Nicole Strepparava

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Parental effort is usually associated with high metabolism that could lead to an increase in the production of reactive oxidative species giving rise to oxidative stress. Since many antioxidants involved in the resistance to oxidative stress can also enhance immune function, an increase in parental effort may diminish the level of antioxidants otherwise(More)
Bacterial cold water disease (BCWD) and rainbow trout fry syndrome (RTFS) caused by Flavobacterium psychrophilum are 2 of the major diseases causing high fish mortality in salmonid fish farms. The molecular epidemiology of F. psychrophilum is still largely unknown. Multilocus sequence typing (MLST) has been previously used for this pathogen and underscored(More)
F. psychrophilum is the causative agent of Bacterial Cold Water Disease (BCW) and Rainbow Trout Fry Syndrome (RTFS). To date, diagnosis relies mainly on direct microscopy or cultural methods. Direct microscopy is fast but not very reliable, whereas cultural methods are reliable but time-consuming and labor-intensive. So far fluorescent in situ hybridization(More)
Flavobacterium psychrophilum is the agent of Bacterial Cold Water Disease and Rainbow Trout Fry Syndrome, two diseases leading to high mortality. Pathogen detection is mainly carried out using cultures and more rapid and sensitive methods are needed. We describe a qPCR technique based on the single copy gene β’ DNA-dependent RNA polymerase (rpoC). Its(More)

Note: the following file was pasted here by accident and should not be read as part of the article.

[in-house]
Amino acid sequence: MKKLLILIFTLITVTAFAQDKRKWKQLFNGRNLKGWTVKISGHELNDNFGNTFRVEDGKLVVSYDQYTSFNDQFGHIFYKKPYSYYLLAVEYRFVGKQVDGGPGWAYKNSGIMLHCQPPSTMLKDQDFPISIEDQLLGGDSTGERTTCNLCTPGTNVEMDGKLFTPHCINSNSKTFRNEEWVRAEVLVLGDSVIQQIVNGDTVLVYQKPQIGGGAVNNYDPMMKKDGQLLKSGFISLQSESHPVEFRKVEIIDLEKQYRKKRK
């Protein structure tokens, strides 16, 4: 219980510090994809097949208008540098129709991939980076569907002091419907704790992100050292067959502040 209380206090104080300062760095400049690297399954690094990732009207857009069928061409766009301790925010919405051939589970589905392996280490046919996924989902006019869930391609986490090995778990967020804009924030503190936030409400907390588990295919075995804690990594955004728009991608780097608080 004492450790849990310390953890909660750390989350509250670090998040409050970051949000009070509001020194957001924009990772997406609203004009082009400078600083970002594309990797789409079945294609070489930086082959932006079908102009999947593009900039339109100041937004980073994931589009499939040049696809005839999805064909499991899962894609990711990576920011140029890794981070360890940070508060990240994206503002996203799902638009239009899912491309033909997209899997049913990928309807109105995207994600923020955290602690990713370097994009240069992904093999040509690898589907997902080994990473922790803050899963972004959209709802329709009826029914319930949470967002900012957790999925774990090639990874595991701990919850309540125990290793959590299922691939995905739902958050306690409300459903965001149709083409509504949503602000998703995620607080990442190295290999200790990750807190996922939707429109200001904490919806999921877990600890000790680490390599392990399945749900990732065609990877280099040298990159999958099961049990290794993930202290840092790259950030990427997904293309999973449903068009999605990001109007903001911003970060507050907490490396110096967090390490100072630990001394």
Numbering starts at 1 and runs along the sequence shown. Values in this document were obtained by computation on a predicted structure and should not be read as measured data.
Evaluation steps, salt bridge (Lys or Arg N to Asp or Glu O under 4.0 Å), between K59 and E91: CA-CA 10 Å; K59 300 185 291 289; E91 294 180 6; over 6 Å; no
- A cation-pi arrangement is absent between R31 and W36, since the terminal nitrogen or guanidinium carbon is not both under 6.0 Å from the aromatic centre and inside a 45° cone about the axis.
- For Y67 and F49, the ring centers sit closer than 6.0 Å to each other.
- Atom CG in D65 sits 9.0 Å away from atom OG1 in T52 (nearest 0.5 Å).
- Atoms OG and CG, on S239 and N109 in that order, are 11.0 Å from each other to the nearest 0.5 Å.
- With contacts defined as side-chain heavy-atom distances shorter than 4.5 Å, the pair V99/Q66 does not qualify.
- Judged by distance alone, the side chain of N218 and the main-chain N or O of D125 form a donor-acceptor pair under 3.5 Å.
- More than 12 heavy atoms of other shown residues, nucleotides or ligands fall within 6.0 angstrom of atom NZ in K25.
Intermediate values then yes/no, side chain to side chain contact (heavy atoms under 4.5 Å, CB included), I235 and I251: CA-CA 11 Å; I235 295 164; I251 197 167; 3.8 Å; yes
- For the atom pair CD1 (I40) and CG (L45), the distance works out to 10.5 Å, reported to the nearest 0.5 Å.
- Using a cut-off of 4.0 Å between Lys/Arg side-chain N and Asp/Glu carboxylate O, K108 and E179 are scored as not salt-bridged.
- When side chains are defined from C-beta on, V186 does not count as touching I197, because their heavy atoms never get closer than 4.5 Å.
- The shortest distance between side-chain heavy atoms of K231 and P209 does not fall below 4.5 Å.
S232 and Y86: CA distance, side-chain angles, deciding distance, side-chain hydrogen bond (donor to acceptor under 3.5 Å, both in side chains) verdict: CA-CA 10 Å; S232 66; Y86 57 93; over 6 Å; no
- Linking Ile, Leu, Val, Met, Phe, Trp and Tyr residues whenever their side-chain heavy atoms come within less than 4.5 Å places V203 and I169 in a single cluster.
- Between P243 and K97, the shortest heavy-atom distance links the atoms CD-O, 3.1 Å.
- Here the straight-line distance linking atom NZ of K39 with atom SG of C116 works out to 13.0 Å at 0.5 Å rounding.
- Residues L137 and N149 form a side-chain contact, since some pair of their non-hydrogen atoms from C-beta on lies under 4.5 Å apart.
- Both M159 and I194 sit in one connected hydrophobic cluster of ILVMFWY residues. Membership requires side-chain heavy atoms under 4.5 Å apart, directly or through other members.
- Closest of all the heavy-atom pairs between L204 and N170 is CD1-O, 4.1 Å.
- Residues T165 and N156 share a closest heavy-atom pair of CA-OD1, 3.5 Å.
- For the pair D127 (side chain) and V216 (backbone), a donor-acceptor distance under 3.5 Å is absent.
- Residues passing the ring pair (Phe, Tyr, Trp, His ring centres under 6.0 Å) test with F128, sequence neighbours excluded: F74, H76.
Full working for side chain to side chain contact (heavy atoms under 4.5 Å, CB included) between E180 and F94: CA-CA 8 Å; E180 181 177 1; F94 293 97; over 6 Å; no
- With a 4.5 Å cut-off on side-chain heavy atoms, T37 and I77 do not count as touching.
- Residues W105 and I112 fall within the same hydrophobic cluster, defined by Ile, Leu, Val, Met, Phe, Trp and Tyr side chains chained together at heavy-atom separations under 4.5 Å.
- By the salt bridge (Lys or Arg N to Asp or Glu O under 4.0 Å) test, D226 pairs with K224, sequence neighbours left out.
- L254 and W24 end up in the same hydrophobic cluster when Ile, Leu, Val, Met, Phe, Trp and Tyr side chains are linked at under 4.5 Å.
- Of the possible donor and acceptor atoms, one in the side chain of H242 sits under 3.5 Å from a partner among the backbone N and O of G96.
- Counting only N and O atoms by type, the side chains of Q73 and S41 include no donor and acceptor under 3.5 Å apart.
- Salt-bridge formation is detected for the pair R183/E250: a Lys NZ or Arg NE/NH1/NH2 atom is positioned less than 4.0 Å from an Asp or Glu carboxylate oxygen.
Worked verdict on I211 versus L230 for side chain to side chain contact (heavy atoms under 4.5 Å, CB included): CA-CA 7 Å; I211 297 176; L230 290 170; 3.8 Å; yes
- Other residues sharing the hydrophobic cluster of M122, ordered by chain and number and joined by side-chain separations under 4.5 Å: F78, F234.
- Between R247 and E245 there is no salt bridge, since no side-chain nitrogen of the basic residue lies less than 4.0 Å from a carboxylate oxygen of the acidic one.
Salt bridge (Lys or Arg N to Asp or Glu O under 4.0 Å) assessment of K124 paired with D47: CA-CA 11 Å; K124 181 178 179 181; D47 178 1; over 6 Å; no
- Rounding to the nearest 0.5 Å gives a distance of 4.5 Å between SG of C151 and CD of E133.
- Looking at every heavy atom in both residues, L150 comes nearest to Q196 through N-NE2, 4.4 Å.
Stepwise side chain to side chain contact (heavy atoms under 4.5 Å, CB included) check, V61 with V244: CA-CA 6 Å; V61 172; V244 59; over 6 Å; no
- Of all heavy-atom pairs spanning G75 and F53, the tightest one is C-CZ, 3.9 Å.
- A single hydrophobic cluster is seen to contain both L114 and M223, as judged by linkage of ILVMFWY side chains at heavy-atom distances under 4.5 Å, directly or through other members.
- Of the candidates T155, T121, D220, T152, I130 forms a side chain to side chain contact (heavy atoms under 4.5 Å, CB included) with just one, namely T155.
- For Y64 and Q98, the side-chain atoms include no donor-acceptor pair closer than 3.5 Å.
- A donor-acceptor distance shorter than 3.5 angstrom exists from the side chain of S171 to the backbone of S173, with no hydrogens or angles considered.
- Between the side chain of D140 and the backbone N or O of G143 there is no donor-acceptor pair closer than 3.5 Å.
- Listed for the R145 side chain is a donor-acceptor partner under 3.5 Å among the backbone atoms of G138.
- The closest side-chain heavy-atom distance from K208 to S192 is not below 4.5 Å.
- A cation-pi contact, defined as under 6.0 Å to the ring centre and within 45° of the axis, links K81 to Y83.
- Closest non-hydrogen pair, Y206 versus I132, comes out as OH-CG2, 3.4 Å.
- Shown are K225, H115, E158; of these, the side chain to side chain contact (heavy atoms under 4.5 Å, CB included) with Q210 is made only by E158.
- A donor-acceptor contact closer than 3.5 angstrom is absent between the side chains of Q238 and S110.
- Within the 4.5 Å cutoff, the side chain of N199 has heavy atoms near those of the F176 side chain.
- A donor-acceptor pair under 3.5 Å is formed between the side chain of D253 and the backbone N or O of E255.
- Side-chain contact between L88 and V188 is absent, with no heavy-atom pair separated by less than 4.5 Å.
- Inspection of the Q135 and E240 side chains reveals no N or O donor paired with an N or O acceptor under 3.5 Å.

Proliferative kidney disease (PKD) affects salmonid populations in European and North-American rivers. It is caused by the endoparasitic myxozoan Tetracapsuloides bryosalmonae, which exploits freshwater bryozoans and salmonids as hosts. Incidence and severity of PKD in brown trout populations have recently increased rapidly, causing a decline in fish(More)
Climate change, in particular rising temperature, is suspected to be a major driver for the emergence of many wildlife diseases. Proliferative kidney disease of salmonids, caused by the myxozoan Tetracapsuloides bryosalmonae, was used to evaluate how temperature dependence of host-parasite interactions modulates disease emergence. Brown trout (Salmo trutta(More)
Proliferative kidney disease (PKD) is a major threat to wild and farmed salmonid populations because of its lethal effect at high water temperatures. Its causative agent, the myxozoan Tetracapsuloides bryosalmonae, has a complex lifecycle exploiting freshwater bryozoans as primary hosts and salmonids as secondary hosts. We carried out an integrated study of(More)
Flavobacteriosis, in Switzerland caused mainly by Flavobacterium psychrophilum (Flavobaceriaceae), has become an important problem for the Swiss fish farming industry. While records of skin and gill infections have been described since a long time, systemic infections, known as the so-called rainbow trout fry syndrome (RTFS), have been reported for the(More)
Proliferative kidney disease (PKD) of salmonids caused by Tetracapsuloides bryosalmonae causes high mortalities of wild brown trout (Salmo trutta fario) and farmed rainbow trout (Oncorhynchus mykiss) at elevated water temperatures. Here the aim was to compare the temperature-dependent modulation of T. bryosalmonae in the two salmonid host species, which(More)
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